A major beneficiary of tobacco sponsorship has been Formula 1 motor racing. The 2005 Hungarian Grand Prix was the last race in the EU to feature tobacco advertising. Of course, such advertising is not banned in other countries and thus tobacco companies may still sponsor sporting events within those countries. However, more countries are seeking to impose bans on both tobacco advertising/sponsorship. Therefore it is increasingly likely that tobacco sponsorship will be severely restricted in the coming years.
Clearly the avenues for marketing this product have been narrowed through these restrictions. The difficulty for the brand owners is the future of the brands themselves. While there is still a market for cigarettes, due mainly through regular repeat purchasers, there is an increasing trend against tobacco. This trend is driven by both government and individual concerns over health. Indeed, in some countries tobacco consumption is falling as smokers give up on both health and cost grounds.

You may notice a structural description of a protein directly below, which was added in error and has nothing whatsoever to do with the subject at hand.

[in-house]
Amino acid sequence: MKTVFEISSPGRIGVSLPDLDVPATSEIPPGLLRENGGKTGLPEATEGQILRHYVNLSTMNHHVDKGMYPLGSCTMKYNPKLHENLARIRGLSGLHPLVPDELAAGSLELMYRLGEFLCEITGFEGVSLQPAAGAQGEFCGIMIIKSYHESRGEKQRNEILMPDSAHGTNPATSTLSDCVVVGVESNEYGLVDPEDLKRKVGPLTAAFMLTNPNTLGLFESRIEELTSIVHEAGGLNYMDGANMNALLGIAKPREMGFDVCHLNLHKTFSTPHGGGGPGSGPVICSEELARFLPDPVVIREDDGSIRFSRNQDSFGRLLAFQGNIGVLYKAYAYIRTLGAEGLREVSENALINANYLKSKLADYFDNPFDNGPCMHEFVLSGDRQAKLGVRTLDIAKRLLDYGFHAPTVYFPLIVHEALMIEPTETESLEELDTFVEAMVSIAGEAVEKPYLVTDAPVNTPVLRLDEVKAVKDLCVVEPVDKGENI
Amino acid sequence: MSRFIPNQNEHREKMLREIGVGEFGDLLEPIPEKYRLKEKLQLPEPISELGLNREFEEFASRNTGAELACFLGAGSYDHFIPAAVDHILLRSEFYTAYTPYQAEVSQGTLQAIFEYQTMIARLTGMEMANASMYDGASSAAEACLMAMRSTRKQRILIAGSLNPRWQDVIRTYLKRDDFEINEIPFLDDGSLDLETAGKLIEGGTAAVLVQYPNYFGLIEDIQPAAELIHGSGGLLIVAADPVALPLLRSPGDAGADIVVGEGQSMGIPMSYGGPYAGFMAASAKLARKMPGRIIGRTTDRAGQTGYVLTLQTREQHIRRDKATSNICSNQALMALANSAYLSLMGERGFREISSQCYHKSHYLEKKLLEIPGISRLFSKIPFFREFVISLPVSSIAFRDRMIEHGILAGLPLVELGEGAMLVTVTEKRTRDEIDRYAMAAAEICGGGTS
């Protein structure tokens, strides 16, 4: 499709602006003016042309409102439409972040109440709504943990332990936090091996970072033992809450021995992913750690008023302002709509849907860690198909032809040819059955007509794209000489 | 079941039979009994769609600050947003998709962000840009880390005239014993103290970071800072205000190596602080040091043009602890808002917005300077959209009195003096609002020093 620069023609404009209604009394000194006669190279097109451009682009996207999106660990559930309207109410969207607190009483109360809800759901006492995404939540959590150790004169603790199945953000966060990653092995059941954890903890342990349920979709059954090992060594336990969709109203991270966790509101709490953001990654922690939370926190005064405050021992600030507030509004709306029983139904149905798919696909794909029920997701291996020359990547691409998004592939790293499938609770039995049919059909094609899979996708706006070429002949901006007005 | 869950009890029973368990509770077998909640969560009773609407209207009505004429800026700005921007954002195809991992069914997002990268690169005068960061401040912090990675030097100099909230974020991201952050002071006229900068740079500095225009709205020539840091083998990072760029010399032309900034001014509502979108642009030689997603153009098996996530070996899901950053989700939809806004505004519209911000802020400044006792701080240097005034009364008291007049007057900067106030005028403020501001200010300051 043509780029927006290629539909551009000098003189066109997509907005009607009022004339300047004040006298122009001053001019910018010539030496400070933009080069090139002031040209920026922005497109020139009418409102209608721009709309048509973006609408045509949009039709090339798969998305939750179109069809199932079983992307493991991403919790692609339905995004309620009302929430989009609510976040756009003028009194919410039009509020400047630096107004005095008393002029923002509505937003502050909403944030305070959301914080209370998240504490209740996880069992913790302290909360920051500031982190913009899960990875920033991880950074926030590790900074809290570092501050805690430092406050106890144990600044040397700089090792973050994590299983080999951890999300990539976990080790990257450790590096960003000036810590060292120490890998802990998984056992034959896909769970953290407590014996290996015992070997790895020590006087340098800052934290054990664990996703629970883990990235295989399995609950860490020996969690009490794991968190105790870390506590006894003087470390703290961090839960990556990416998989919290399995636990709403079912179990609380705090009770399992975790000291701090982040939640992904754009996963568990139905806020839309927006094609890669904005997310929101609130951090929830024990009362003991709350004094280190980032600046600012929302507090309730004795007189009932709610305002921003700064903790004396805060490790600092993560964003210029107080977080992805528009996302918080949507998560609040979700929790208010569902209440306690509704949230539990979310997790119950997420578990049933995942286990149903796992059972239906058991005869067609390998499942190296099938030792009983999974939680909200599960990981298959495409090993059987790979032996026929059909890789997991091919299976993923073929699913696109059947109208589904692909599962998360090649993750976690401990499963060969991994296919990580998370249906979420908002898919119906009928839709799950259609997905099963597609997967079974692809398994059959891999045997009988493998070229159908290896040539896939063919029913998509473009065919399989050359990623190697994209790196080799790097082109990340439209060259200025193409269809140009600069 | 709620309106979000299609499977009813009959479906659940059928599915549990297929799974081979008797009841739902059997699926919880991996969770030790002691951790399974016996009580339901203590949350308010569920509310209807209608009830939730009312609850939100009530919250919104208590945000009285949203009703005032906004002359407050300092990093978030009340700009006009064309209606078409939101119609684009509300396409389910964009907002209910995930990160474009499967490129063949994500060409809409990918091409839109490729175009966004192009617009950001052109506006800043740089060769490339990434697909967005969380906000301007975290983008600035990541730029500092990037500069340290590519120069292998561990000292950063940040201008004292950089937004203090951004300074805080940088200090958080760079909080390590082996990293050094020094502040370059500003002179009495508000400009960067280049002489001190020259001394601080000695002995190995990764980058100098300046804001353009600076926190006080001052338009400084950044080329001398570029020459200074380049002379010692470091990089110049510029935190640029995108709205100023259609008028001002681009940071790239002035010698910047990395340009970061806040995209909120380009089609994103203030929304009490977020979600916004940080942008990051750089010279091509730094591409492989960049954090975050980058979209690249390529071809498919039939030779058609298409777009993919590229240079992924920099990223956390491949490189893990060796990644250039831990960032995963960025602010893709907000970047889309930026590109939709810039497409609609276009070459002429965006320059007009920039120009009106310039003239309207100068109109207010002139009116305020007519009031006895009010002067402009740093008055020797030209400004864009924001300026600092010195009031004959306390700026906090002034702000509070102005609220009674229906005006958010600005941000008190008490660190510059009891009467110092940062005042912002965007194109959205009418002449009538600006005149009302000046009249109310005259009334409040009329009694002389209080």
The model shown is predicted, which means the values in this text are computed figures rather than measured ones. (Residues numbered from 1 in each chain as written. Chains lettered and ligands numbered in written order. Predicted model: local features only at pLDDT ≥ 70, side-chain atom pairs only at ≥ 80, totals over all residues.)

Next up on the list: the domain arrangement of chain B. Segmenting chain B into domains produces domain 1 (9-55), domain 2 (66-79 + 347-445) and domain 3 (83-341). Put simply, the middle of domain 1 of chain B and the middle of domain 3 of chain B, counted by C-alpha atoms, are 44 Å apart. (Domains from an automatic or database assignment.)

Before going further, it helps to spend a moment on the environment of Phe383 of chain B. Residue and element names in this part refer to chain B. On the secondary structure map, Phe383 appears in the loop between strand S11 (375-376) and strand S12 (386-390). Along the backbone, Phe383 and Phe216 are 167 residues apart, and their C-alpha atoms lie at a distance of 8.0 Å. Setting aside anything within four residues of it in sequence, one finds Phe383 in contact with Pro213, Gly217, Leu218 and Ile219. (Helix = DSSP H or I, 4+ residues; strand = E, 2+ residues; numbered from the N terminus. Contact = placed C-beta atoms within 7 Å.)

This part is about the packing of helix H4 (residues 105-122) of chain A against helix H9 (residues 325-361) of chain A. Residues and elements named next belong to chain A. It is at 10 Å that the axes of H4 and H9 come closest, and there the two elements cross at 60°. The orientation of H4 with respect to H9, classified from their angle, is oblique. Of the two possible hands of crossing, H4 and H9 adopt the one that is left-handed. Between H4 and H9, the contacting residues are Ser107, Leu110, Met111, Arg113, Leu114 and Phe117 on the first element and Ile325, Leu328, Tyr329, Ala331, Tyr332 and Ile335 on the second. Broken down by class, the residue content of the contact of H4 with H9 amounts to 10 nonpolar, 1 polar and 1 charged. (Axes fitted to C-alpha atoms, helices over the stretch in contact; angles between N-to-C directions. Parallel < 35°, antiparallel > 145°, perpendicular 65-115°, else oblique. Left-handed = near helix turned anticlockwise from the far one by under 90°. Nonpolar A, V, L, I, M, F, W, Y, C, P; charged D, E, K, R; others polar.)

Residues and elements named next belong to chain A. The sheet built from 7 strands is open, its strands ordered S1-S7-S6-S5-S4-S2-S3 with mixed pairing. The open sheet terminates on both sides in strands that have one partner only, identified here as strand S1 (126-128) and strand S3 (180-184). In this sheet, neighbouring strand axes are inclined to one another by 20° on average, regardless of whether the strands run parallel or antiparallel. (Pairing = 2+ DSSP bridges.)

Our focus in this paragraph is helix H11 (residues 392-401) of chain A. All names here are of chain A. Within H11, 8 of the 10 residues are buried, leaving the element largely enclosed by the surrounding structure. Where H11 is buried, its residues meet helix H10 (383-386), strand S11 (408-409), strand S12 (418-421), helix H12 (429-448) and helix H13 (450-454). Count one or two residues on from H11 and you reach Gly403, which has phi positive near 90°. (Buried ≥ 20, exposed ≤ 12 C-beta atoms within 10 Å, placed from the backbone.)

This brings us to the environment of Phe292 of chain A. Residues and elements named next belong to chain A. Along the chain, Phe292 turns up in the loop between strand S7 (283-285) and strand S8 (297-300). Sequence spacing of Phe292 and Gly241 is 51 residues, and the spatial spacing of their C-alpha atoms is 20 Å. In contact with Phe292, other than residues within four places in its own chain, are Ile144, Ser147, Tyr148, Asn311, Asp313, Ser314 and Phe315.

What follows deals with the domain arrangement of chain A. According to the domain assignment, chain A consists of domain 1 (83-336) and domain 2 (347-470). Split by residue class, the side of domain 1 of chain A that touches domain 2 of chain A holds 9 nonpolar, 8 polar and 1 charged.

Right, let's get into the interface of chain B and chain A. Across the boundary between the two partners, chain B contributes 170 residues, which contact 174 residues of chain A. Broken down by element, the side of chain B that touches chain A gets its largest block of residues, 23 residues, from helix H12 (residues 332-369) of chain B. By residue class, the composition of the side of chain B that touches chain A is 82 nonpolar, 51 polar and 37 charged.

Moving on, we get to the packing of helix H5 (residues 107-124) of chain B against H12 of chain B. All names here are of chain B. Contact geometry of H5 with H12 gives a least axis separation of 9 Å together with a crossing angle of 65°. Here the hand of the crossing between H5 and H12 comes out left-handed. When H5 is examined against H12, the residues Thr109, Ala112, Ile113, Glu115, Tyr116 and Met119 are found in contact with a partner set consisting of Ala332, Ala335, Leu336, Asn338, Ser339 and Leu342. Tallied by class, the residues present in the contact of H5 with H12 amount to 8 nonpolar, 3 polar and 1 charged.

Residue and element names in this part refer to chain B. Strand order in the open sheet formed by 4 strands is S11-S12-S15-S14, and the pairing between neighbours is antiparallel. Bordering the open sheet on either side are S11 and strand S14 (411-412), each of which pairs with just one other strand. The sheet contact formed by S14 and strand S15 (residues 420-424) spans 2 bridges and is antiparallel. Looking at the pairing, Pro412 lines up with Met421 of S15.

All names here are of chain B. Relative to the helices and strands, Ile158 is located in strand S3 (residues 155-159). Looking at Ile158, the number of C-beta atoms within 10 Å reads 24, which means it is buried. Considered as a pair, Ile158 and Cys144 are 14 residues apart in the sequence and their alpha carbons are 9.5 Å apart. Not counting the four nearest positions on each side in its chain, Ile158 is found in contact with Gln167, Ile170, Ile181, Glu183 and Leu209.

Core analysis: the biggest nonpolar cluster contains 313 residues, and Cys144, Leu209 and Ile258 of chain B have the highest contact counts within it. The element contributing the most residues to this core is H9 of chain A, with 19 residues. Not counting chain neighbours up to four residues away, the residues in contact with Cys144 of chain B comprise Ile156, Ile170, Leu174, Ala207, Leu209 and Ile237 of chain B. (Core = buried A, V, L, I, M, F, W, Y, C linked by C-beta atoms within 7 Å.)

Several brand owners, perhaps aware of the potential declining future of tobacco, have increased their portfolio of non-tobacco companies. For example, by acquiring food companies.
[This links to the chapters on Products, Pricing, Consumer lifestyles and Macro factors – legal and environmental.]
Chapter 9 on Products highlighted the fact that caviar, the roe or eggs of sturgeon fish are a luxury product or good. Furthermore this luxury was reflected in the section on economic value in Chapter 11: Price.